The extramusical effects of music lessons on preschoolers
The objective of this study was whether preschool can develop extramusical skills through six weeks that the project was due. Preschool teachers do not usually commence a music teaching class due to lack of musical abilities or inadequate equipment to start a music class. Furthermore, most teachers do not have the confidence to interact with children via music. However, this study showed that music is a crucial way to improve and develop a child’s personality and enhance their physical and mental state [ (DeVries, 2002) ].
Dr. Peter DeVries conducted this study in preschool teaching every Thursday and Friday. His ambition of this study was that the outcome would be positive for the young children as he wanted to show that music plays an important role in their way of thinking and acting. Sally, who was the teacher of the children, helped him as much as she could. Although she was unconfident of her musical skills, she interacted with the children and embraced the whole project to help them.
After six weeks, the study showed that, the preschoolers, who before they did not came in any contact with music in their classes, showed a distinctive improvement in their behavior and their interaction with other children, as well as, they were more energetic and playful than before, as their physical teacher noticed. Music helped them to unleash the energy that was hiding inside them and made them more comfortable.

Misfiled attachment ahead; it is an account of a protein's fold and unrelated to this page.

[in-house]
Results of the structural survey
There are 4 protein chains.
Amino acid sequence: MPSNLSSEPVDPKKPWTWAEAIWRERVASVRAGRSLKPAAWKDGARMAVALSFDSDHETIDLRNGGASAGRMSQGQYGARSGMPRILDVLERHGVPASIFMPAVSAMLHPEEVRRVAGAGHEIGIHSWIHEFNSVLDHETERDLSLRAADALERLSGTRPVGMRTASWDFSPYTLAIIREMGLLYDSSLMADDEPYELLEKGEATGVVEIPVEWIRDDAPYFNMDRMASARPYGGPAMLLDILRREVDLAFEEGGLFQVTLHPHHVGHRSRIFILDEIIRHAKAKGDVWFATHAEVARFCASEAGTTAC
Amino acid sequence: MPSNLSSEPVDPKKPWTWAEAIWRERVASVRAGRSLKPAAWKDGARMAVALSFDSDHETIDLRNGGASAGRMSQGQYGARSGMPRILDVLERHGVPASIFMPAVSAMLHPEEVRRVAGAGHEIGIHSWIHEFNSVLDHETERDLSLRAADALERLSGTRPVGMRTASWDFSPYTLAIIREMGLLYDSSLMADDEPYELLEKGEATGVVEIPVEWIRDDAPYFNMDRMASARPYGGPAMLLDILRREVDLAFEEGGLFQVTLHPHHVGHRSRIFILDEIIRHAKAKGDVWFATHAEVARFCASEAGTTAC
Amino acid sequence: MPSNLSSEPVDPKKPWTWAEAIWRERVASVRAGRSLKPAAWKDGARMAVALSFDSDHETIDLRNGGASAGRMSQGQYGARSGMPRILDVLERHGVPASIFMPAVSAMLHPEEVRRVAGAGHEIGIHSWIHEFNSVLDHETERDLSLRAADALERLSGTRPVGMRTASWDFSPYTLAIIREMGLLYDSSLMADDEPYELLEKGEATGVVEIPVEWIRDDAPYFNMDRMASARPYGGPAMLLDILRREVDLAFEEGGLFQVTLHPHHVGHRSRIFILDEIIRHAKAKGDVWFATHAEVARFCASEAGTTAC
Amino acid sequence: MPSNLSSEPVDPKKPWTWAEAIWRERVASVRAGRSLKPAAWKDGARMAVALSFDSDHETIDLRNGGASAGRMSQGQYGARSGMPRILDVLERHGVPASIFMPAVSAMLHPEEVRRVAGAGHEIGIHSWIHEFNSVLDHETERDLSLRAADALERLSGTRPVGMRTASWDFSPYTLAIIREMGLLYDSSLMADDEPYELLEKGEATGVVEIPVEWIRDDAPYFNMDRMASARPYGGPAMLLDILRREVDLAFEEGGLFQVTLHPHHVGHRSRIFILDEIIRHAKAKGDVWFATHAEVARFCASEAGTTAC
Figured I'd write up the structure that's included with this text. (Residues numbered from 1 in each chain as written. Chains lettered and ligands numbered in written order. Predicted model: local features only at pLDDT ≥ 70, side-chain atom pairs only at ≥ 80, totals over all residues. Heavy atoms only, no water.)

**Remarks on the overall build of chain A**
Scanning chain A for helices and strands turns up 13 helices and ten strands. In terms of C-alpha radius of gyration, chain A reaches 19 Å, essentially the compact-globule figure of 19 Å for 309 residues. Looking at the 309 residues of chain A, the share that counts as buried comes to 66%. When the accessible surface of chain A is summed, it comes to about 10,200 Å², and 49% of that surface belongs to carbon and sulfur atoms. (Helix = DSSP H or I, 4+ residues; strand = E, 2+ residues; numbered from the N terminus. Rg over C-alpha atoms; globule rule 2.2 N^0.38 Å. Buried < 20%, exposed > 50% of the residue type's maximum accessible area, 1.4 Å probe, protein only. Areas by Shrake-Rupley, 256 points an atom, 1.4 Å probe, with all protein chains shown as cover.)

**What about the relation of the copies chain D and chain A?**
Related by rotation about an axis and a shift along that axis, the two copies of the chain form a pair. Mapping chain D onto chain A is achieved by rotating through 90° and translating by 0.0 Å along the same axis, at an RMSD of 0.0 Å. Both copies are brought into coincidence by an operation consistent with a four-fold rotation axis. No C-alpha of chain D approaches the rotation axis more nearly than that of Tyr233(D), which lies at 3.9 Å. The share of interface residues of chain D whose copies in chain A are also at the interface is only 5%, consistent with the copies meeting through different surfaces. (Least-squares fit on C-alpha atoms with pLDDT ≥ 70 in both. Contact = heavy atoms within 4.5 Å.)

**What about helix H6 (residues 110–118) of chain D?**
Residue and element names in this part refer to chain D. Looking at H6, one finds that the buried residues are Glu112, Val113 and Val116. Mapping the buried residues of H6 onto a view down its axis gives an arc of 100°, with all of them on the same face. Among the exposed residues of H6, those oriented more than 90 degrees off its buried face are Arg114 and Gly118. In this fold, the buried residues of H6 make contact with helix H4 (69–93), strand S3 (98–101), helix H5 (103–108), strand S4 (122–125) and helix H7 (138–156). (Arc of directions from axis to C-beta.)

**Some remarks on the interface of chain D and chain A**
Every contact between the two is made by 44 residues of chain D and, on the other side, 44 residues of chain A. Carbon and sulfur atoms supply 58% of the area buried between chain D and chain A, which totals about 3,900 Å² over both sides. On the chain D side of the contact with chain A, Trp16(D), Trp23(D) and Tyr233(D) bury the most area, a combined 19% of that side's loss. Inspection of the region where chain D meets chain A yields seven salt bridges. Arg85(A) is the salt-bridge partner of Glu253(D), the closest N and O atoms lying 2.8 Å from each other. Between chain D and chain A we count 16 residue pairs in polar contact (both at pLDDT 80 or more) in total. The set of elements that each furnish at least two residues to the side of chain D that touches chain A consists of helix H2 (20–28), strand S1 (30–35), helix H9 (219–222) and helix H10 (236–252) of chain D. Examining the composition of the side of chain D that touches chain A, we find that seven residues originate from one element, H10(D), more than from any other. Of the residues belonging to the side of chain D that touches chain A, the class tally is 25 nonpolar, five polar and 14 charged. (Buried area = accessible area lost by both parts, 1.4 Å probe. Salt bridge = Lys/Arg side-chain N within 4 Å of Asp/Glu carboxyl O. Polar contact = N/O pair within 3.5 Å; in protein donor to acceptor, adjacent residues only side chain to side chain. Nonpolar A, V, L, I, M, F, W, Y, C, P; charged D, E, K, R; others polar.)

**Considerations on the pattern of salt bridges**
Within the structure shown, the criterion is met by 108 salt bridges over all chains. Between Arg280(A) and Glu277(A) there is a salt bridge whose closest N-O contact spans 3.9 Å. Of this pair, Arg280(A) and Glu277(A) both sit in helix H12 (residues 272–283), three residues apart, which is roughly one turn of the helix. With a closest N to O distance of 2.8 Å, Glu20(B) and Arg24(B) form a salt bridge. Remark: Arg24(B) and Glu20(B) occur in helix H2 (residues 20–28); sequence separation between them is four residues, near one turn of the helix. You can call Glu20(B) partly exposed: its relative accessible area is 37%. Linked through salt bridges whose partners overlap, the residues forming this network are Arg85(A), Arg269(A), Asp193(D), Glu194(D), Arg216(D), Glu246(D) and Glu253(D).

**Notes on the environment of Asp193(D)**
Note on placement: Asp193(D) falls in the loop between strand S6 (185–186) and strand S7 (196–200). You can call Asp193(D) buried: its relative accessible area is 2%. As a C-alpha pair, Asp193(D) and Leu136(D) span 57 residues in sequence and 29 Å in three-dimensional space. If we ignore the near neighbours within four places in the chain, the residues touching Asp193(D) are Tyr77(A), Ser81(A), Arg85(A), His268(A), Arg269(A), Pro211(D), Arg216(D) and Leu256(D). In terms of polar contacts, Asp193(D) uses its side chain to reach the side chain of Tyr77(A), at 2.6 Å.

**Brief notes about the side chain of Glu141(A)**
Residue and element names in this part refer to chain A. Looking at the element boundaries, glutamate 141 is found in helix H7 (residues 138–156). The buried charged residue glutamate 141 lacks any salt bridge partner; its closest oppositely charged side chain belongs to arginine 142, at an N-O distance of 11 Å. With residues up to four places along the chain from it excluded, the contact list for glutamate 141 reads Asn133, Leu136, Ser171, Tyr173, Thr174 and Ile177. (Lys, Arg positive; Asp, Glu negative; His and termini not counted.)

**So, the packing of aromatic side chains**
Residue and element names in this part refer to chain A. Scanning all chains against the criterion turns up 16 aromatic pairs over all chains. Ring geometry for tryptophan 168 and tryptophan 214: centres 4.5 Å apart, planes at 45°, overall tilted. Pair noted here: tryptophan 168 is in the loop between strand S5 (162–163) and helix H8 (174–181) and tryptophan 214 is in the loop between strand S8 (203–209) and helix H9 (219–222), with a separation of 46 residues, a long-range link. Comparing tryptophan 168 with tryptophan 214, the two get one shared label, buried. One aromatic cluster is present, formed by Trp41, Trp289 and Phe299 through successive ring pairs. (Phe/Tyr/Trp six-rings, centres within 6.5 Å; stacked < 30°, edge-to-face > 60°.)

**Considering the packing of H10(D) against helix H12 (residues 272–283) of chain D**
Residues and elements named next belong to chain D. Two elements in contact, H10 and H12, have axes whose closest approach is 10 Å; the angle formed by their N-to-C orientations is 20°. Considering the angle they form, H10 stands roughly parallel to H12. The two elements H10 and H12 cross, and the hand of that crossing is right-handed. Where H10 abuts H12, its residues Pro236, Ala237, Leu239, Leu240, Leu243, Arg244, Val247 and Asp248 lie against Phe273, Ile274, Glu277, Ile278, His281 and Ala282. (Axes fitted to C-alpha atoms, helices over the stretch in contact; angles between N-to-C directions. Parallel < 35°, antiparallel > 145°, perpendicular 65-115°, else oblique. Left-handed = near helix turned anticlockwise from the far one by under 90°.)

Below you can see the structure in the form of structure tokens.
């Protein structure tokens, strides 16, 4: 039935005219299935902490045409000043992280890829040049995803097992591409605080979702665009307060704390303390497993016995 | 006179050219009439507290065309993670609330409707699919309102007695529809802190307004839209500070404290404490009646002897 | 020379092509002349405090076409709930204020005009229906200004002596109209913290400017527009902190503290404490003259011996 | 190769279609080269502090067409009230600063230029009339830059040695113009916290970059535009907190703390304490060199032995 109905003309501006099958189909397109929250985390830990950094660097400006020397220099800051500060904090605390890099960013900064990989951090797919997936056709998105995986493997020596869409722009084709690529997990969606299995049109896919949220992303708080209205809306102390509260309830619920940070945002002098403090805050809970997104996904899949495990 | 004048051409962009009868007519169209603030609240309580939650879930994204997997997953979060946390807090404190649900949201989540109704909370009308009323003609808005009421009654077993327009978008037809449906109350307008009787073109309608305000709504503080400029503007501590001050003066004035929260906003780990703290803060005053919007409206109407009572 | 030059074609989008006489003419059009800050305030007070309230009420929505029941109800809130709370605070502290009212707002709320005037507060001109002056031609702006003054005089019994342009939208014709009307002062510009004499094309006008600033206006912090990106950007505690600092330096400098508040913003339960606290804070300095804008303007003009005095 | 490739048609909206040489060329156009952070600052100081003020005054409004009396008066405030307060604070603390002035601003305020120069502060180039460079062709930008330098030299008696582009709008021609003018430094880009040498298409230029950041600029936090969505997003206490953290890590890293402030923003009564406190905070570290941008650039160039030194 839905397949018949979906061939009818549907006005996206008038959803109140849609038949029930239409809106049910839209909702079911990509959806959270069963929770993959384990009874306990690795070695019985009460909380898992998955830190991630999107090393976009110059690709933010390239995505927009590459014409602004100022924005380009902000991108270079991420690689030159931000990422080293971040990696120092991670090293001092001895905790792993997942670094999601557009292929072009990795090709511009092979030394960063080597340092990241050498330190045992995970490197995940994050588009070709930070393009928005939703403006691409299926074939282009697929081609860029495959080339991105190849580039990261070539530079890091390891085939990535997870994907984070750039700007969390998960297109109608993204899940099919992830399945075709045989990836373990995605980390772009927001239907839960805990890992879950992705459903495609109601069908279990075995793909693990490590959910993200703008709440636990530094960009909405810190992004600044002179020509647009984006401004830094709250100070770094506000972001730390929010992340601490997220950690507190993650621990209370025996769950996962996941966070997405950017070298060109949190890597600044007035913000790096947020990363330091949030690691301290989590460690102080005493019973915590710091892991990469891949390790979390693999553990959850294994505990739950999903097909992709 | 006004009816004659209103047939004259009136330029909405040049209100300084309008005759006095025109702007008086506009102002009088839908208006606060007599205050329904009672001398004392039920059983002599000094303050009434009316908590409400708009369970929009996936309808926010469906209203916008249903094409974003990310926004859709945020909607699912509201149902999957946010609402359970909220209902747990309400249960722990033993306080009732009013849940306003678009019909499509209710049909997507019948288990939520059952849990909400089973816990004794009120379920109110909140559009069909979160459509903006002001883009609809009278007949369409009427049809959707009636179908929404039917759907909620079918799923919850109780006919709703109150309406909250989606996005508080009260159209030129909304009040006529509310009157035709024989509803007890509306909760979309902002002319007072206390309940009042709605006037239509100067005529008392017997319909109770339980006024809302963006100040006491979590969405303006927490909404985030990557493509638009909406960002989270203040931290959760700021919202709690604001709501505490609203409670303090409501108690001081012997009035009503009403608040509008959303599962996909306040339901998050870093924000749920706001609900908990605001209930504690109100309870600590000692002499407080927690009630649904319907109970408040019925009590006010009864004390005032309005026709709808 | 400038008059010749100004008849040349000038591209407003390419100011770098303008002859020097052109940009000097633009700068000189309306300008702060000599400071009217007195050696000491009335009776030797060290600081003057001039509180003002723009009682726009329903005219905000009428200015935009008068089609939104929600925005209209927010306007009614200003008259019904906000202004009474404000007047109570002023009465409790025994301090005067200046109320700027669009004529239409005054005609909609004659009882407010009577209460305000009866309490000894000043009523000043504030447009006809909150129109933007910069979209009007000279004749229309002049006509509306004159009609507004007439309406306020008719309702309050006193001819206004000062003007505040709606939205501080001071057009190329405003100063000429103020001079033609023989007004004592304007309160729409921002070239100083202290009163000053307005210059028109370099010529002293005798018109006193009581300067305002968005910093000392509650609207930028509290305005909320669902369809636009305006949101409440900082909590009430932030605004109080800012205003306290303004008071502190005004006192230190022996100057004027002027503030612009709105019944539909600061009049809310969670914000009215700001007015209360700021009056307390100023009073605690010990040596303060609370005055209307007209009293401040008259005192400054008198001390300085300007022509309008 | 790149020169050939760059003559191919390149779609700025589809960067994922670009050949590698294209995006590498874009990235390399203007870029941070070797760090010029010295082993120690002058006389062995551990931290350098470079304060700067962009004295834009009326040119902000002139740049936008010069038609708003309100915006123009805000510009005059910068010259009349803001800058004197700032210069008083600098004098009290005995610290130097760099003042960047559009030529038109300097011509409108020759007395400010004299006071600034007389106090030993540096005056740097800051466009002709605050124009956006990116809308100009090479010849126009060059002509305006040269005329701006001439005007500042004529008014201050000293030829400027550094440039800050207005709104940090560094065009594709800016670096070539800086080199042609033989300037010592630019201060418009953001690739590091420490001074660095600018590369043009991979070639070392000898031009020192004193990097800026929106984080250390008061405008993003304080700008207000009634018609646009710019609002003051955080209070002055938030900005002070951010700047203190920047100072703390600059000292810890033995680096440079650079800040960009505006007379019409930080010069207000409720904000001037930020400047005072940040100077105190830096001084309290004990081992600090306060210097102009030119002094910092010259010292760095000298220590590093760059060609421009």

The basic concept of the study was to introduce the children to music. Specifically, they had the chance to sing along with specific songs, that Dr. DeVries chose, and they interacted physically to some other songs by dancing and acting and as Morin (2000) described as “cooperative music play” as the children interacted with each other based on what they had learned that day, sing a song they learned by themselves or even try to enhance the song with some sort of instruments. This kind of...
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